<span “font-size:12.0pt;=”” line-height:150%;font-family:garamond”=””>We have provided GPs, Care co-ordinators, even consultants, with published papers, extracts and summaries. They rarely read them. We have talked with them. It goes in one ear and out of the other. I don’t blame them. They are swamped with routine work.

<span “font-size:12.0pt;=”” line-height:150%;font-family:garamond”=””>Don’t think this is a problem unique to the UK. It’s not. I have friends who are very senior Doctors, Consultants, Professors in the USA, Canada, Australia. They tell me it’s the same there.

Strategy for Rare Diseases <span “font-size:12.0pt;=”” line-height:150%;font-family:garamond”=””>The NHS recognises this. In 2013 the policy document on rare diseases was published. The definition of a rare disease covers 48 XXYY.

<span “font-size:12.0pt;=”” line-height:150%;font-family:garamond”=””>It is instructive to ask, “Why this strategy?” In other words, “What caused the department of health to set up the working group? “What needs fixing?”

<span “font-size:12.0pt;=”” line-height:150%;font-family:garamond”=””>The Ministerial forward to the document is clear. Nobody should be disadvantaged. As the document goes on to spell out, everyone deserves both <span “font-size:12.0pt;=”” line-height:150%;font-family:garamond;mso-ansi-language:en-us”=””>a correct diagnosis and coordinated care.

<span “font-size:12.0pt;line-height:150%;font-family:garamond;mso-ansi-language:=”” en-us”=””>So what is it hoped will be achieved by implementing the strategy? Again the report is crystal clear: Improvement across the whole ‘patient journey’. From a patient’s first contact with the NHS through to reaching a diagnosis and onto managing their condition and on-going care. For our sons that means every day from birth to death.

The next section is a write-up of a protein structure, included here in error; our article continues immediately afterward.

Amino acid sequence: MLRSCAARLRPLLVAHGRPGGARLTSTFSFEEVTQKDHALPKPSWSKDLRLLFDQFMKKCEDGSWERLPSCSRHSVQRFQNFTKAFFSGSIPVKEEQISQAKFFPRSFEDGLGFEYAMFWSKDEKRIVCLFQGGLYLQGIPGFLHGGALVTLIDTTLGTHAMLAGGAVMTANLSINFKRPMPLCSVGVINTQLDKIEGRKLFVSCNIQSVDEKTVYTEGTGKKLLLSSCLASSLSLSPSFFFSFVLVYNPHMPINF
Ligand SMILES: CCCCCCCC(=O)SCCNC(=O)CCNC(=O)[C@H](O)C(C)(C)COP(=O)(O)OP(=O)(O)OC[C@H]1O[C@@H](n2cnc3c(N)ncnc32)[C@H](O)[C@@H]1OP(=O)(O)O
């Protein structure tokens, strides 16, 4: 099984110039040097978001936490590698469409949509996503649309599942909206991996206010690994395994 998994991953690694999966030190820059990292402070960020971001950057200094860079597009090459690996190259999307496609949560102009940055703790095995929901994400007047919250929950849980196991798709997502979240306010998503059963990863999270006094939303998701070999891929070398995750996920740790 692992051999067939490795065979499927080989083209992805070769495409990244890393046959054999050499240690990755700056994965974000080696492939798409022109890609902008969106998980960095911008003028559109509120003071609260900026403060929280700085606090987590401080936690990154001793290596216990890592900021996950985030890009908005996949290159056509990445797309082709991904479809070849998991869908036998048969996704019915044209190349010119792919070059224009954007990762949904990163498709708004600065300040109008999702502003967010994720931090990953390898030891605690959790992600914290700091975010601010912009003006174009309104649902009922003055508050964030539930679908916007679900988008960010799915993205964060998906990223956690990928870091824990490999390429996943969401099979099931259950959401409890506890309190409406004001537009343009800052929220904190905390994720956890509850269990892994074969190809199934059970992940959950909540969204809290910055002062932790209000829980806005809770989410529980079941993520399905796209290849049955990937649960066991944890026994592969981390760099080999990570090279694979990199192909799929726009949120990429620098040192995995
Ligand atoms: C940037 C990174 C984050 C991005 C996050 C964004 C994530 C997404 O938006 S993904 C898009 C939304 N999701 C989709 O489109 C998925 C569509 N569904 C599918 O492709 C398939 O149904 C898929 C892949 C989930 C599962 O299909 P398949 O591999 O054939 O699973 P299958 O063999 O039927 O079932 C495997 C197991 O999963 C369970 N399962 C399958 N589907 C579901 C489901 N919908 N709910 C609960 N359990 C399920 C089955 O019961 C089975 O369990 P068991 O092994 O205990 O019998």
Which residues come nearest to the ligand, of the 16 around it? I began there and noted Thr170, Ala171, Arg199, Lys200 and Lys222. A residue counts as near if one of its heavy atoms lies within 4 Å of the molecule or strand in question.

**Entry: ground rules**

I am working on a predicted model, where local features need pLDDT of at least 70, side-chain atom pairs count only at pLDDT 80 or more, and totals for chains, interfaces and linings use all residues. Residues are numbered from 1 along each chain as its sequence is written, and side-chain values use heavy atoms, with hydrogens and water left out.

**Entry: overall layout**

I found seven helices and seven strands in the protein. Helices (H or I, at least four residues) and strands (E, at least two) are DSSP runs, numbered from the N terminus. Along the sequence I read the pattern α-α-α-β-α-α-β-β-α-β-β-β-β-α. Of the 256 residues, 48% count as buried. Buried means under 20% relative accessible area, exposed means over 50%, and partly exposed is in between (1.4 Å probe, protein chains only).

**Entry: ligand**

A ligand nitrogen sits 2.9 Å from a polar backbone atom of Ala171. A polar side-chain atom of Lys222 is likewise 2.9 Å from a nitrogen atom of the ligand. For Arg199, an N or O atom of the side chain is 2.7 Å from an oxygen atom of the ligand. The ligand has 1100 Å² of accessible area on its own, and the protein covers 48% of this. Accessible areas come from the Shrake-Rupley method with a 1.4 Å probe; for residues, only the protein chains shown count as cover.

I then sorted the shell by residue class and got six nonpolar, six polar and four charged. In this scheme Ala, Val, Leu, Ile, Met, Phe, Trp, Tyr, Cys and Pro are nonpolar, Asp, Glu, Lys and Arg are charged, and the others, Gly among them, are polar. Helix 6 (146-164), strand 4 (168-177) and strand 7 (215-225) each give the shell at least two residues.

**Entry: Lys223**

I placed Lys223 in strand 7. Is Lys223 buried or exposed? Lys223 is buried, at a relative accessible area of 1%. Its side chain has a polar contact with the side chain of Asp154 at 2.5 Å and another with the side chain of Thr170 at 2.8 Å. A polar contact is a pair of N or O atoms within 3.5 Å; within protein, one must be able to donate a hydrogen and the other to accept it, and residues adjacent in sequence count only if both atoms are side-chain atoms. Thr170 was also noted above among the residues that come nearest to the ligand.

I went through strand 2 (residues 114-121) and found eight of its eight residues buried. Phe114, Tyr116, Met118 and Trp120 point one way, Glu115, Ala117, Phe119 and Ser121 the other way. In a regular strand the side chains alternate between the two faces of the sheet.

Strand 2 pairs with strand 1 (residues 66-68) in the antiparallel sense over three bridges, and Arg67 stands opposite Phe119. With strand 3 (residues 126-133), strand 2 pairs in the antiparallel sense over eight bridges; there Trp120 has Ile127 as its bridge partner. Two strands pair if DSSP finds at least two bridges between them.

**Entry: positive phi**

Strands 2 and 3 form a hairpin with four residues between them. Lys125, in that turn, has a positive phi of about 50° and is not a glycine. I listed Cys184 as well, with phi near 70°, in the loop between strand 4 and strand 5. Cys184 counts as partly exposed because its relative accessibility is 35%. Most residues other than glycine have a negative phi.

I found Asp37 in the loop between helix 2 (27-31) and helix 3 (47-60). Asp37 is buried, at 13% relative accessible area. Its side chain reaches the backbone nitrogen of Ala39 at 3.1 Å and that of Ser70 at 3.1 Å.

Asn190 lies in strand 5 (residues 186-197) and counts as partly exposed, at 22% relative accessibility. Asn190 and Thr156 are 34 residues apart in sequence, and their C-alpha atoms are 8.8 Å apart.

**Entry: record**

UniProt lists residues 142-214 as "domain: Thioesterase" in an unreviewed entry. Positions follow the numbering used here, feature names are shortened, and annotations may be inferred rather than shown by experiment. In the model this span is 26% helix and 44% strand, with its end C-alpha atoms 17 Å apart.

<span “font-size:12.0pt;=”” line-height:150%;font-family:garamond”=””>How will this be done? Again clarity: the sharing of information, data, knowledge and best practice in treatment. Specialist clinical centres will bring together multidisciplinary teams of health and social care experts to manage patient care and local resources effectively.

<span “font-size:12.0pt;=”” line-height:150%;font-family:garamond”=””>The strategy stresses the importance of “Experts”. These could be GPs in certain circumstances but generally this cannot be the case – by definition they are generalists, not experts in a particular rare disease including a rare chromosome disorder like 48 XXYY. There is also a stress on co-ordinated care.

<span “font-size:12.0pt;=”” line-height:150%;font-family:garamond”=””>When will all this happen? The NHS says by 2020. We must keep pressing for this to happen. Our experience is that most professions do not even know the strategy exists.

Closing Summary – <span “font-size:12.0pt;line-height:150%;font-family:garamond;mso-ansi-language:=”” en-us”=””>As I have said to Stephen in more than one of our heart to heart conversations, having the problems he has is grossly unfair and I wish it weren’t so. You may want to put that in to stronger language. But things are what they are and we have to do our best as parents and as society. Our best today is far better than it was for Isobel, her late husband and the child Stephen; and in that we rejoice.

<span “font-size:12.0pt;line-height:150%;font-family:garamond;mso-ansi-language:=”” en-us”=””>But it could be so much better, even with what the sciences of medicine and social care know today. And if it were better society would be able to put more energy and resource into learning more and doing better still. Far too much of our energy is being spent desperately trying to get professionals to realise what our sons and we have to deal with often on an hourly if not a minute by minute basis.